Citing a source

This means including a reference in your text to show that material such as words, data, ideas, diagrams, software, etc. has been extracted from another source. This can be done easily by including in parenthesis the author’s last name and date of publication e.g. (Smith, 2002). This reference is cross-referenced to a complete list at the end of your paper or report in the form of a Bibliography, which directs the reader to the location of the material (book, Journal, web-site page etc.). This information must be complete and accurately presented so the reader can find the source for himself. Not only does this approach properly acknowledge the work of others but it also allows the reader to judge how much you are relying on information from perhaps just one or two, as opposed to many, authors and how recent and up to date this information is.

In general, any specific information, which is not common knowledge, must be cited. If in any doubt whether a fact or other information is common knowledge then a source must be cited. Other people’s ideas can be included in two ways: either by quoting the source directly within quotation marks, or by paraphrasing in your own words the idea. In both cases, the reference to the source material must be cited. However direct quotes should not be overused and it is best to only include them in your work if the author has made a point in a particularly insightful way. These quotations can complement, but cannot be a substitute for, your own line of reasoning.

It is possible to fall into the trap of unconscious plagiarism, usually arising from an over zealous direct use of notes when preparing written assignments and reports. It may also occur if an essay is based too closely on the highlighted passages of marked up texts or photocopies.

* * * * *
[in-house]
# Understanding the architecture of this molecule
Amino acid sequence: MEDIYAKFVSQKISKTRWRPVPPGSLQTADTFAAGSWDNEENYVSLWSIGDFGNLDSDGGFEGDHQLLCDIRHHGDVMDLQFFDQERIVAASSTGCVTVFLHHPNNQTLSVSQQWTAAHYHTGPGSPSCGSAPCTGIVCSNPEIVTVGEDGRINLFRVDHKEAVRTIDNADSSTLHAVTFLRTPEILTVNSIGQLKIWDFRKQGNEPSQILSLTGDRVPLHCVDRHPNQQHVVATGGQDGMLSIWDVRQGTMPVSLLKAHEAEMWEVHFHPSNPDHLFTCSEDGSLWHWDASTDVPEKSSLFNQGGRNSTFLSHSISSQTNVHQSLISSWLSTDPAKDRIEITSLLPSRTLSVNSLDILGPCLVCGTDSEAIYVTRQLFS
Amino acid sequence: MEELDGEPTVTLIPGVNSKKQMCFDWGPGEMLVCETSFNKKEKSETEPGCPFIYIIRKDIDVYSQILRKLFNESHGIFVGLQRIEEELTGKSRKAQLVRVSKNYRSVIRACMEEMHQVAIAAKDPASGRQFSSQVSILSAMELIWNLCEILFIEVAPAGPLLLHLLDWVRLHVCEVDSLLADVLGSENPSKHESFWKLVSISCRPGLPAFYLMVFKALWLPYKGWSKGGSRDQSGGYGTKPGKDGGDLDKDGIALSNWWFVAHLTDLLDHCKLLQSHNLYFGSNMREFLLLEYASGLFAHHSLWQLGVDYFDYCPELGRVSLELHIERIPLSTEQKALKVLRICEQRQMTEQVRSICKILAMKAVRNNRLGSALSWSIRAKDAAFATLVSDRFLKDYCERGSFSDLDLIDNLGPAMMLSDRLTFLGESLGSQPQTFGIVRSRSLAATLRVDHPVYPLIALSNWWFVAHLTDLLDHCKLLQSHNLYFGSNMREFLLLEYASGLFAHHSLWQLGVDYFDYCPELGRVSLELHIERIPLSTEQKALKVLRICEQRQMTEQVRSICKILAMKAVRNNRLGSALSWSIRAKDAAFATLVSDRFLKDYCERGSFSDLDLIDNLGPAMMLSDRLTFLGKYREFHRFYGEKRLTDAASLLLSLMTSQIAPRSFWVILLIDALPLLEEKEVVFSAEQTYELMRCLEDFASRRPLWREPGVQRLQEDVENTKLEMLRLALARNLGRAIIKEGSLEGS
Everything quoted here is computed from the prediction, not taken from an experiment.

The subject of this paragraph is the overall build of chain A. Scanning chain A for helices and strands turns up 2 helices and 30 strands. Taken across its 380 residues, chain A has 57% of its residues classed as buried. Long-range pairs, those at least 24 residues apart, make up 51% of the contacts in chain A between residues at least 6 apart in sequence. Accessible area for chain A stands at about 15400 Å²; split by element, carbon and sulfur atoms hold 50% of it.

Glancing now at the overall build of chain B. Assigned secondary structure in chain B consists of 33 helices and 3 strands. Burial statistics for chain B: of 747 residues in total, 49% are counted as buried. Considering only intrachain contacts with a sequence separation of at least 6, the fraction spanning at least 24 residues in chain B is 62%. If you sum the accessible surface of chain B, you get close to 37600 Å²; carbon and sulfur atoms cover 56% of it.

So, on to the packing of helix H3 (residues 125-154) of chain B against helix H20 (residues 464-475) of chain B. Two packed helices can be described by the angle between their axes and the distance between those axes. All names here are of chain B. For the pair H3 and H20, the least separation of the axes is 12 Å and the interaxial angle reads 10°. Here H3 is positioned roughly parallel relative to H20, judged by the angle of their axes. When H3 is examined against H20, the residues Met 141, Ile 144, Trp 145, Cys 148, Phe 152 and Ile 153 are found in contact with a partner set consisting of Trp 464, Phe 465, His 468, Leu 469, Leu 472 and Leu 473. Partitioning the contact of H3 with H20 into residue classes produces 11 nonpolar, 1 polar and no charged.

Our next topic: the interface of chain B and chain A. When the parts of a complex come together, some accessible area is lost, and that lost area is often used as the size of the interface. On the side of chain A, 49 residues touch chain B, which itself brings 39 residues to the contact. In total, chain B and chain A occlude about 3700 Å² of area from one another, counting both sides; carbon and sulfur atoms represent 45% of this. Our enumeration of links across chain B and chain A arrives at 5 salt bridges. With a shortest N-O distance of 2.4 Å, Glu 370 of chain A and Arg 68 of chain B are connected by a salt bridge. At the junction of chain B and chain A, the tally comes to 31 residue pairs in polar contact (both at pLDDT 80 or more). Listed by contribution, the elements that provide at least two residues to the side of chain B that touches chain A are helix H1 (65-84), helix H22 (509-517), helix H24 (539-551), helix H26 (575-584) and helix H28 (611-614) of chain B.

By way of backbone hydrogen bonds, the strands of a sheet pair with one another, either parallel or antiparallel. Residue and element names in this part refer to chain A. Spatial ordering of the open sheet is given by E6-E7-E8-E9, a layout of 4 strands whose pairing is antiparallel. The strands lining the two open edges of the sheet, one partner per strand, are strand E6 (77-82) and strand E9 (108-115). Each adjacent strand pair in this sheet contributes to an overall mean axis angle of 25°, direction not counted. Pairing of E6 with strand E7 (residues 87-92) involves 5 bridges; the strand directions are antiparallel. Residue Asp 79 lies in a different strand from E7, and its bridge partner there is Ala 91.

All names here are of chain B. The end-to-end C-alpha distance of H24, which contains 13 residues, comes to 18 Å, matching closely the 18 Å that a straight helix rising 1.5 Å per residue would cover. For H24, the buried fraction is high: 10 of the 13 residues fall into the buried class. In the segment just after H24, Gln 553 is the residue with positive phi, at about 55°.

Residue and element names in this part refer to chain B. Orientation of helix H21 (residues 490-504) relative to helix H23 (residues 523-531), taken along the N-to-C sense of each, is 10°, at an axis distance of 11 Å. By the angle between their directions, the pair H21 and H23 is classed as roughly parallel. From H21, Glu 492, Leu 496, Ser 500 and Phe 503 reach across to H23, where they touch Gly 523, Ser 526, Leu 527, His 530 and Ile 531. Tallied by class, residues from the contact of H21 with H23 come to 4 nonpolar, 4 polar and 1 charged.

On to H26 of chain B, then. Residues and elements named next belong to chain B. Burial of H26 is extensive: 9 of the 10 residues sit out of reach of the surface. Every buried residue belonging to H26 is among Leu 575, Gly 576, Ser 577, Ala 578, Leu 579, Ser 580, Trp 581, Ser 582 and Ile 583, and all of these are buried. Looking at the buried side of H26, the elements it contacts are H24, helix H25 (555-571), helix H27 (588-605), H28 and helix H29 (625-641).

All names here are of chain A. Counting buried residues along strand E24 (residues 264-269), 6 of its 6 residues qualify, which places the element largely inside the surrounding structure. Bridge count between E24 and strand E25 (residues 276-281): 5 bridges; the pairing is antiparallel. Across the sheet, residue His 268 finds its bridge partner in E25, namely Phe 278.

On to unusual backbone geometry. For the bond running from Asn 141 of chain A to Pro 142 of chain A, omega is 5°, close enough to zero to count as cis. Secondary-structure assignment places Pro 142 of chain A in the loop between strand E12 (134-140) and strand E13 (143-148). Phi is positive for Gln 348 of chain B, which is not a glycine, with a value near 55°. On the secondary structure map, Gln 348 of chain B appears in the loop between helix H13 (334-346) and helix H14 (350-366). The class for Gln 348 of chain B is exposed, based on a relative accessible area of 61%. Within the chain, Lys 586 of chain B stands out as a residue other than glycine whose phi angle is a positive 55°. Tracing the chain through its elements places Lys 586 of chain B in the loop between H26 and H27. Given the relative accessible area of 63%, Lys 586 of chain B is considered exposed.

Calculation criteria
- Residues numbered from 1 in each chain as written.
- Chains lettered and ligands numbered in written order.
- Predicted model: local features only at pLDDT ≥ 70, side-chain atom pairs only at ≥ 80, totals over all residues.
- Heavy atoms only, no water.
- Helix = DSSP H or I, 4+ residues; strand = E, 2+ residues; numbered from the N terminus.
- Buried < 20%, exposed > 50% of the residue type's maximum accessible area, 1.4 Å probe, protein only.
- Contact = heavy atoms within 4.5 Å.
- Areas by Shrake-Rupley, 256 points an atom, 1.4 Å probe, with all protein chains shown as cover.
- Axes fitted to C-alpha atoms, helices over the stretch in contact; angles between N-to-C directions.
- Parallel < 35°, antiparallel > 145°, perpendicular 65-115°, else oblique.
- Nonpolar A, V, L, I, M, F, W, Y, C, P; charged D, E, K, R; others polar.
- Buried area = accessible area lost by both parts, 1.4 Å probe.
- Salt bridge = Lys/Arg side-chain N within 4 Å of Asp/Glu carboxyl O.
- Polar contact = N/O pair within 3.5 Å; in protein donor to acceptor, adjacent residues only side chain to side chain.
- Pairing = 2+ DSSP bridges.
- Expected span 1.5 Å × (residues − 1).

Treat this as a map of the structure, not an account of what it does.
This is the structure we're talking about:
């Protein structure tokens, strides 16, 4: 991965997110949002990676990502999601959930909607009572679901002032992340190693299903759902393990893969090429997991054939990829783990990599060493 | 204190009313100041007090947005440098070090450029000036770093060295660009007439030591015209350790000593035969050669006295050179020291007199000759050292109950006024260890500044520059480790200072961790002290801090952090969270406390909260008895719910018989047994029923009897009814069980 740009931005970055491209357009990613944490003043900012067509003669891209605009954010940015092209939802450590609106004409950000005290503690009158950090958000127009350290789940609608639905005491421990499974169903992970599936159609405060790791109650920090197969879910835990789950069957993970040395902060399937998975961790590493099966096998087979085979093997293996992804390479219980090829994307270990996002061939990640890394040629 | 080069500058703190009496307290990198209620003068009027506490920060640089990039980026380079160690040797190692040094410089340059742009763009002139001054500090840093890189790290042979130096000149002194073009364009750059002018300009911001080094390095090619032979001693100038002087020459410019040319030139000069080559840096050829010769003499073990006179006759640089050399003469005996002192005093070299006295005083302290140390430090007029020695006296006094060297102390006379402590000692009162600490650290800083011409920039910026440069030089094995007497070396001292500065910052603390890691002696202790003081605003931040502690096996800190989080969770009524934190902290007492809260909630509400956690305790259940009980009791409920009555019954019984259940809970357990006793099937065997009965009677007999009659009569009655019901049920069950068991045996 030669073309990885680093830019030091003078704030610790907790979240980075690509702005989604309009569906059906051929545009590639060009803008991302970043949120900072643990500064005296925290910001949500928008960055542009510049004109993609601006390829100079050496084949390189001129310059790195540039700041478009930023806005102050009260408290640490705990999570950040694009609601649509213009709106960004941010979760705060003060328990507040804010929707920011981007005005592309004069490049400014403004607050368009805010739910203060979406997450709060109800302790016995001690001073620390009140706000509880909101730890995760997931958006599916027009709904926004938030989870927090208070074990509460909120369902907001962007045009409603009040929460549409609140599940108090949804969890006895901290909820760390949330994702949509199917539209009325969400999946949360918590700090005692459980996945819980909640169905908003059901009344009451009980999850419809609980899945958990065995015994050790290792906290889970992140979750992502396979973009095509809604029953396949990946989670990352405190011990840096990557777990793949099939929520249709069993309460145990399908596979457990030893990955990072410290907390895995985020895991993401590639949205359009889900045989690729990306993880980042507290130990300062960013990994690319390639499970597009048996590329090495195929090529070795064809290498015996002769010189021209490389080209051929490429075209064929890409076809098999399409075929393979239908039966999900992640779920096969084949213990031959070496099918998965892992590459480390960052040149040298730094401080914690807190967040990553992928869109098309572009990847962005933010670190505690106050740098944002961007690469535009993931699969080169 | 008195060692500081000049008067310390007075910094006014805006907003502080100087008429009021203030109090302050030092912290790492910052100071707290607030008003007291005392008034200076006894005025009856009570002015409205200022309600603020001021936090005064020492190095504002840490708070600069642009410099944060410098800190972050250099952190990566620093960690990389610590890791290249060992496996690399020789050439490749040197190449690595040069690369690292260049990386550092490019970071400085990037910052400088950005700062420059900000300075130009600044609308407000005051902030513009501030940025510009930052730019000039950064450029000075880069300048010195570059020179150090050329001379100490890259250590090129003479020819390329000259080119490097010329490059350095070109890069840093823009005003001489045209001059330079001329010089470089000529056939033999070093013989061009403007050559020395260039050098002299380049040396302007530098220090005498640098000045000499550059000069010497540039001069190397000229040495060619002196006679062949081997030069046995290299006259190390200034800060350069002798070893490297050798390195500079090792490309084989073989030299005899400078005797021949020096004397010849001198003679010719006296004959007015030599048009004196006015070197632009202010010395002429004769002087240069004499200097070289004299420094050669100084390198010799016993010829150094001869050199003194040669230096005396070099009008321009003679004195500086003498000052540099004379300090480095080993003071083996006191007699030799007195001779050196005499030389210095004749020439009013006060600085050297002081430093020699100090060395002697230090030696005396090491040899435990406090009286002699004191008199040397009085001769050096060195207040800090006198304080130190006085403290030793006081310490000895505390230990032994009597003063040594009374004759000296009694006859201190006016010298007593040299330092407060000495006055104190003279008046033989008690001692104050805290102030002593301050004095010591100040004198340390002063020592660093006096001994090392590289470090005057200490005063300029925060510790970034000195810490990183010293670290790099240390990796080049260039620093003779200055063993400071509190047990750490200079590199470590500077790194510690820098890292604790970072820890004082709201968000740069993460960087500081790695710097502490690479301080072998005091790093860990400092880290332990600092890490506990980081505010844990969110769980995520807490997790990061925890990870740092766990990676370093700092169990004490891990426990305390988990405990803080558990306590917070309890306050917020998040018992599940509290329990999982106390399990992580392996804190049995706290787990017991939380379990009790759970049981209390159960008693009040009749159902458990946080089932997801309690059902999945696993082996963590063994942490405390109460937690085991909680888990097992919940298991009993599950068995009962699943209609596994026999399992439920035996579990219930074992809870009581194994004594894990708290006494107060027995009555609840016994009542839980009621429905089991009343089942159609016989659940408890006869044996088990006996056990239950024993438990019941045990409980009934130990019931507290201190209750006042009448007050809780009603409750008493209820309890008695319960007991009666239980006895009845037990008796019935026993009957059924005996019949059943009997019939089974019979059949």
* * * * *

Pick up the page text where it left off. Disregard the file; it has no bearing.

Including un-referenced material downloaded directly from the internet also constitutes plagiarism. Any web-based information should be respected and cited like any other more traditional source. Also there is far less quality control applied to much information which is posted on the internet and so the veracity of material obtained in this way should be treated with greater caution, doubt and uncertainty.

A piece of work, which merely cites the ideas and results of other author’s endeavours, is not transformed into “original” work simply by the use of extensive referencing and footnotes. It is vital that your work adds a critical dimension to this material through your own judgement and analysis.

If in any doubt make it clear to the reader by citation and references where the original idea, material or data has come from. If you don’t, it will be considered as lying, cheating, stealing and an insult to the original author.

More detailed advice on plagiarism is provided on the following web-sites: